In Union County, New Jersey, the Olmsted brothers (sons of Frederick Law Olmsted of Central Park fame) designed a 124-acre park for a county that "sought to make provisions for open spaces and to protect the Rahway River, the key potable water source in the area." Parks are nice, but so is football, so the County wants to tear up part of the park for a 1200 seat stadium. According to The Cultural Landscape Foundation,
The imposition of such a sports complex on the greensward would destroy the open sight lines that characterized Olmsted Brothers’ original design, and recast the park as a sports venue suited to a narrow constituency. By creating a track, field, and support facilities to serve the interests of the Rahway Board of Education, the County is contradicting its own assertions that its parks are for the benefit of all. Along with the adverse effect the proposed additions would have on other activities in the park, it is clear that the park’s 410 parking spaces could not accommodate such a sports complex for long.
Other examples include the elegant and locally beloved Scott Sunken Garden in Lansing, MI, which will be demolished and replaced with a utility sub-station, and a signature open space in Memphis’ historic Overton Park, designed by George Kessler and listed in the National Register of Historic Places, which will be used as a parking lot indefinitely. National headlines accompanied the controversial use of sacred tribal lands for a proposed energy pipeline, while recent proposals have surfaced that would give away federally owned and protected land to states.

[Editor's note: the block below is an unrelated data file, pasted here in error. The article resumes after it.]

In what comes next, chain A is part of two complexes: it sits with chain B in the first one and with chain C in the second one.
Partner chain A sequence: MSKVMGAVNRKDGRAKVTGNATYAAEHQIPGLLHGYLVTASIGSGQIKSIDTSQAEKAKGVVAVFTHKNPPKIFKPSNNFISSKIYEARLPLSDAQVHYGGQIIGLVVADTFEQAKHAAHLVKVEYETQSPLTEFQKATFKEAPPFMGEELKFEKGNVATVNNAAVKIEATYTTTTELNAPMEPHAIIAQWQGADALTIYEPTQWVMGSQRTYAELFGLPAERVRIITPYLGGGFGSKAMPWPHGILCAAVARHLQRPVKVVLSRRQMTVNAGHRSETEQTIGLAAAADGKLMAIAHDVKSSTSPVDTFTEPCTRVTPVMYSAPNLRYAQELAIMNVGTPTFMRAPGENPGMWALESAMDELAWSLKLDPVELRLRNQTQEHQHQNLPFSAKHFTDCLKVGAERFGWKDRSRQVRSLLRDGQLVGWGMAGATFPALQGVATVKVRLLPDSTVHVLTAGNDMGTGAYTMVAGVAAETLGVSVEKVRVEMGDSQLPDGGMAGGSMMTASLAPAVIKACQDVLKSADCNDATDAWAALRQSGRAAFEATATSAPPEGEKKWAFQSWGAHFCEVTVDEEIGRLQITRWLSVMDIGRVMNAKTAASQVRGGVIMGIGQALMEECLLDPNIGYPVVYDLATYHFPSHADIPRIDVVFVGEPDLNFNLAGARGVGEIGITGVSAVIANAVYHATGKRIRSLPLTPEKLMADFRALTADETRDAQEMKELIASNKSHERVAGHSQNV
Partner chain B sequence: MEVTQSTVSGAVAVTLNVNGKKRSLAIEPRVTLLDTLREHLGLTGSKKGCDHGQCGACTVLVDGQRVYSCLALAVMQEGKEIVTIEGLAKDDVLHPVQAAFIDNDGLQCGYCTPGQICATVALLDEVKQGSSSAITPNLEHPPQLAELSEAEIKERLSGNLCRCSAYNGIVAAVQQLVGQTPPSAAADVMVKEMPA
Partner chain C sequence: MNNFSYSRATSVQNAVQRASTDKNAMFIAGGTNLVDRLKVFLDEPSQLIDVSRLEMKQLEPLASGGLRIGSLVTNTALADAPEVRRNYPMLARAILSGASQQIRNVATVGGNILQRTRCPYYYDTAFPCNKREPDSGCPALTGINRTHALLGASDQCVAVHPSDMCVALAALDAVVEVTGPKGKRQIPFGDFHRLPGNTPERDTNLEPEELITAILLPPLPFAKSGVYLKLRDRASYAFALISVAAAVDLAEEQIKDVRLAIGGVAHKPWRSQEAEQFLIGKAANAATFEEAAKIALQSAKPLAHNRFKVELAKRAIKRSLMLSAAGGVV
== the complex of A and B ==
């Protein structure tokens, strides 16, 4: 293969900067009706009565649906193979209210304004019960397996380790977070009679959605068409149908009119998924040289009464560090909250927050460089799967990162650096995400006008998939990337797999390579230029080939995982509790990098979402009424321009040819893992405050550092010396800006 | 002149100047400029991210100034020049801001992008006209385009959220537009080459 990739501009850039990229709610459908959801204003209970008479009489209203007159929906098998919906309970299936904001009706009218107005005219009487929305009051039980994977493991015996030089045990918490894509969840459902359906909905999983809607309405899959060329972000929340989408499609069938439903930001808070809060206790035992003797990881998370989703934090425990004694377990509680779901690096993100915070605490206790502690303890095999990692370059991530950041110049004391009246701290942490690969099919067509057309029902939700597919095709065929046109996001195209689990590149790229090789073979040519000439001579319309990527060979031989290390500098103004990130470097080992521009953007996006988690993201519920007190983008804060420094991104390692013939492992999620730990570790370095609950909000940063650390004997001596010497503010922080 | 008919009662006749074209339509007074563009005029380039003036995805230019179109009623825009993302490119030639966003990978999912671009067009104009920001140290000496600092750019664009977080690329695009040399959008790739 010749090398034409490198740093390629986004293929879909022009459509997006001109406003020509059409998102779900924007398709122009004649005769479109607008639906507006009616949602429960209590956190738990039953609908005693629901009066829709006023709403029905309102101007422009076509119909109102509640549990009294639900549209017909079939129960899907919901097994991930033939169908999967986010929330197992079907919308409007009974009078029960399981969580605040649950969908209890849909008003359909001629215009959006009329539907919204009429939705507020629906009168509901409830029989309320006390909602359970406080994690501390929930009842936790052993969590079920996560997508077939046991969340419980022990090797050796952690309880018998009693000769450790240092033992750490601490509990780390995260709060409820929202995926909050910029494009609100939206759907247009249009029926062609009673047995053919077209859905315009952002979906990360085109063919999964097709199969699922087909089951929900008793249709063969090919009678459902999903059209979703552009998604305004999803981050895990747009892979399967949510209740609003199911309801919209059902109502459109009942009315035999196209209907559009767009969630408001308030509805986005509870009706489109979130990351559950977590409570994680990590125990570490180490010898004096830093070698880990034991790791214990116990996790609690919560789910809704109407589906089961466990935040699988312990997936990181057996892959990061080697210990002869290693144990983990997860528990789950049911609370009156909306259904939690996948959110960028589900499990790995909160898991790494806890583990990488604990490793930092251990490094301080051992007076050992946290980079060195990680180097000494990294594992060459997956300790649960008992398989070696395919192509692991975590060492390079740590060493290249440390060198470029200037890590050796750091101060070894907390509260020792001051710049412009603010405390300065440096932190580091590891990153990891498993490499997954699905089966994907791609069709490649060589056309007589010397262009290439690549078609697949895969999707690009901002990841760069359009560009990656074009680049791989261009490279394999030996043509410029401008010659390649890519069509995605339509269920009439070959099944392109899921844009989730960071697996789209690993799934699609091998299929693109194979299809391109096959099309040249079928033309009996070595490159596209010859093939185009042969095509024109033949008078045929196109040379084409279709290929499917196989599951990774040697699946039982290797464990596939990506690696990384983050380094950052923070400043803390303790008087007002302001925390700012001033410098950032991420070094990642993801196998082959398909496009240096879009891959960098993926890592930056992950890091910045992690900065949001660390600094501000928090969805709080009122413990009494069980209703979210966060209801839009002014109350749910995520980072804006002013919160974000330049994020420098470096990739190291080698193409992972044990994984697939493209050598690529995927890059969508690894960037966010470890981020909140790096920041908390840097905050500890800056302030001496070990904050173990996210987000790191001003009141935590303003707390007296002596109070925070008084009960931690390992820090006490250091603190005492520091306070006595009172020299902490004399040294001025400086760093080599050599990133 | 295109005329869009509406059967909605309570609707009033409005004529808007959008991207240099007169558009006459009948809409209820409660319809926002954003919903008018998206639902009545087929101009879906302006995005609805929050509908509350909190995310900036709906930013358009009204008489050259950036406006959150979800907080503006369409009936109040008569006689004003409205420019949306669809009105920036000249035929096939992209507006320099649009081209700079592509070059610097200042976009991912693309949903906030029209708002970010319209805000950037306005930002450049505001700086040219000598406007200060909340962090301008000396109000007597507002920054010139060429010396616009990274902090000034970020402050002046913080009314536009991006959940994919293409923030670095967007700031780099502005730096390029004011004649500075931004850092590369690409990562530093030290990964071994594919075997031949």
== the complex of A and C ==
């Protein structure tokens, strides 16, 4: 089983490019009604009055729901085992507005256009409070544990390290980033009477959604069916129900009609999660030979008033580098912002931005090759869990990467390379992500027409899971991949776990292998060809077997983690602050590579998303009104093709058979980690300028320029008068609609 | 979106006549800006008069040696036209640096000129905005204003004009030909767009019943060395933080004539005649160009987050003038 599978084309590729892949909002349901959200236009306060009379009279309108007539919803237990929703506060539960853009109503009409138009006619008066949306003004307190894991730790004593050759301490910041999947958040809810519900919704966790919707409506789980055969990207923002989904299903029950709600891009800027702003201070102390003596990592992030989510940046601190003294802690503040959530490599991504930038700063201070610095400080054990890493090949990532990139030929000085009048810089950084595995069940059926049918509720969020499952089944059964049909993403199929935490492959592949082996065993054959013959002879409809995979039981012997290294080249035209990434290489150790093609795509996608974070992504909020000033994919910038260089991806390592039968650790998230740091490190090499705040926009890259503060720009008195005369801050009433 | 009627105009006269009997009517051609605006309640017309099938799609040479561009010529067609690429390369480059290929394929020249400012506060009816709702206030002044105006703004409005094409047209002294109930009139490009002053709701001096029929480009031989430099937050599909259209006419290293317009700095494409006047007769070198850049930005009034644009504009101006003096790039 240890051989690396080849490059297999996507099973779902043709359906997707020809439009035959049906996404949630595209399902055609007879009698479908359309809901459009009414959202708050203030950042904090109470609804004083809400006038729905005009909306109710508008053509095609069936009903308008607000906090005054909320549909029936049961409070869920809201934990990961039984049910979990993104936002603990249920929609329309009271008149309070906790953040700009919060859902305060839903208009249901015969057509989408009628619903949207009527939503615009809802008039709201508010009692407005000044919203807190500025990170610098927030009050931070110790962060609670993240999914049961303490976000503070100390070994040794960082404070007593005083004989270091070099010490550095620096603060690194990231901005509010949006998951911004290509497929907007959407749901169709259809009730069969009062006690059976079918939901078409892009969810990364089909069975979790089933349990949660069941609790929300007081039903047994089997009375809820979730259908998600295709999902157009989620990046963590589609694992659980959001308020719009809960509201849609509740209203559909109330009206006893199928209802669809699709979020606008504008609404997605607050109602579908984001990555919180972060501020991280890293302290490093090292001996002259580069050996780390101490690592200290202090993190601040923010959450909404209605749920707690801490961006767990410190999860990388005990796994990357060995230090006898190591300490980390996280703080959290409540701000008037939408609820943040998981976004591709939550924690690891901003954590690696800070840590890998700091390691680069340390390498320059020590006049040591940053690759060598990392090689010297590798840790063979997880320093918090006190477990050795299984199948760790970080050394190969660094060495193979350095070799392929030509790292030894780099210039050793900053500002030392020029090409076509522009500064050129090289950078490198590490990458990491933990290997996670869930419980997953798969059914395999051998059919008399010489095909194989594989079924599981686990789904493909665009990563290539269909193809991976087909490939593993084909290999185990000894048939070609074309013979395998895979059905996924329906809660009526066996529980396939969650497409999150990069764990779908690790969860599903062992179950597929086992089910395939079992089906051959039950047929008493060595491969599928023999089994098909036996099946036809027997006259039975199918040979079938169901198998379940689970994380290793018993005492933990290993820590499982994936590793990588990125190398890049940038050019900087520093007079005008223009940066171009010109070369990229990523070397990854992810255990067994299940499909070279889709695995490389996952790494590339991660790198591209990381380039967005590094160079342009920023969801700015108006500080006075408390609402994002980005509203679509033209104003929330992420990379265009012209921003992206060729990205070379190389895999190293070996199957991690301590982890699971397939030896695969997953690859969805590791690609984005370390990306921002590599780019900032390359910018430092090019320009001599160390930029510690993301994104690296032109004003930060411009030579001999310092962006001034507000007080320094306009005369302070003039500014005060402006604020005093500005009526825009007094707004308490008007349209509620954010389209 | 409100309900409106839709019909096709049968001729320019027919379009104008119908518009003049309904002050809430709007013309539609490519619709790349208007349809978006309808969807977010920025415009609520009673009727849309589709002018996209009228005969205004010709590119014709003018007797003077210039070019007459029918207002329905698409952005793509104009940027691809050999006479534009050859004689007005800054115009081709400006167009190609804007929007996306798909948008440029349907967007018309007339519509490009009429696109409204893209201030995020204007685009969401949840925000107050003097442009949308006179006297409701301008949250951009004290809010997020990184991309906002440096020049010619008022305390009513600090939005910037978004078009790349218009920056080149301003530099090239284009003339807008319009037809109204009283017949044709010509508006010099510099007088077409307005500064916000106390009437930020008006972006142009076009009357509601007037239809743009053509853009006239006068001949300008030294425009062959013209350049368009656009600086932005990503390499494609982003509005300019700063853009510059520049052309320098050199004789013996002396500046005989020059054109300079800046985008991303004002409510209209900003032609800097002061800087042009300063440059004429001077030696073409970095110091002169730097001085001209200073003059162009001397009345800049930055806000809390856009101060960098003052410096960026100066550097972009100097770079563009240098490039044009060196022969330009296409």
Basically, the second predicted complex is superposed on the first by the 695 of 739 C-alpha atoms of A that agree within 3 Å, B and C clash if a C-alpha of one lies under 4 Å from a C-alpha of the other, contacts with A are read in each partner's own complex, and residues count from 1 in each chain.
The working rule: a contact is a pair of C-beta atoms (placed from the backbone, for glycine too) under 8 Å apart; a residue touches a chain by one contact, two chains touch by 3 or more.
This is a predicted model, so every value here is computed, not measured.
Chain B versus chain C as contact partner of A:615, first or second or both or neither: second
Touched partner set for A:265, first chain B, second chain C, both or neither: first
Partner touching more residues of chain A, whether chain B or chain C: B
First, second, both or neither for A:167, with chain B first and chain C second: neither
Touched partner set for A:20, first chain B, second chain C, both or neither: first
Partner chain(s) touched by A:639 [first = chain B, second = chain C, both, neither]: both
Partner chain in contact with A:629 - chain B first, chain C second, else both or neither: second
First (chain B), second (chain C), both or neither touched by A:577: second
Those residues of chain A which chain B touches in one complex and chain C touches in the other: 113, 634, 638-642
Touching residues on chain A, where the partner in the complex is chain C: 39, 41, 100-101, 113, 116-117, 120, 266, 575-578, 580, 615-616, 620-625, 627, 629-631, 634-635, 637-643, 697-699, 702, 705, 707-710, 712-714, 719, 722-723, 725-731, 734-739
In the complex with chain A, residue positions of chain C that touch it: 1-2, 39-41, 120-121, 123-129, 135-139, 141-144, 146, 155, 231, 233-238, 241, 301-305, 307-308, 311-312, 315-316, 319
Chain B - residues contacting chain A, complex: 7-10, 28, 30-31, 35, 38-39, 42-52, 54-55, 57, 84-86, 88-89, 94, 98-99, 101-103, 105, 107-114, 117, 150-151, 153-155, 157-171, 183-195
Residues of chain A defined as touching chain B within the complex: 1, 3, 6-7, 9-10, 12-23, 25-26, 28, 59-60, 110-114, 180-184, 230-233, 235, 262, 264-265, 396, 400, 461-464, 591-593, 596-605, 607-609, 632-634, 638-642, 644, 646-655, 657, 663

TreeHugger has covered a few of these attempted land grabs and rollbacks of national monuments.
Now The Cultural Landscape Foundation wants to attract attention to "those cultural landscapes that are threatened by new construction or other uses that can be served outside of neighborhood parkland." They are everywhere, in cities and in the country; where I live, schoolyards that were used as public green space have gone to condos; lands that were promised as parks turned into subdivisions.
These open spaces are often the lungs of our cities, and as TCLF notes,
These types of threats are not new, but their intensity and frequency seems to be increasing. As the urban renaissance continues, development pressures grow on local and municipal parkland. The innate values of open space are downplayed and proposals move forward to confiscate irreplaceable parkland and replace it with new, often incompatible, uses.
Do you know of lands being lost in your part of the world? Nominate it for the 2017 Landslide Open Season on Open Space pages; "This annual compendium will be chosen from hundreds of submitted nominations based on the significance of the site and the imminency of the threat. "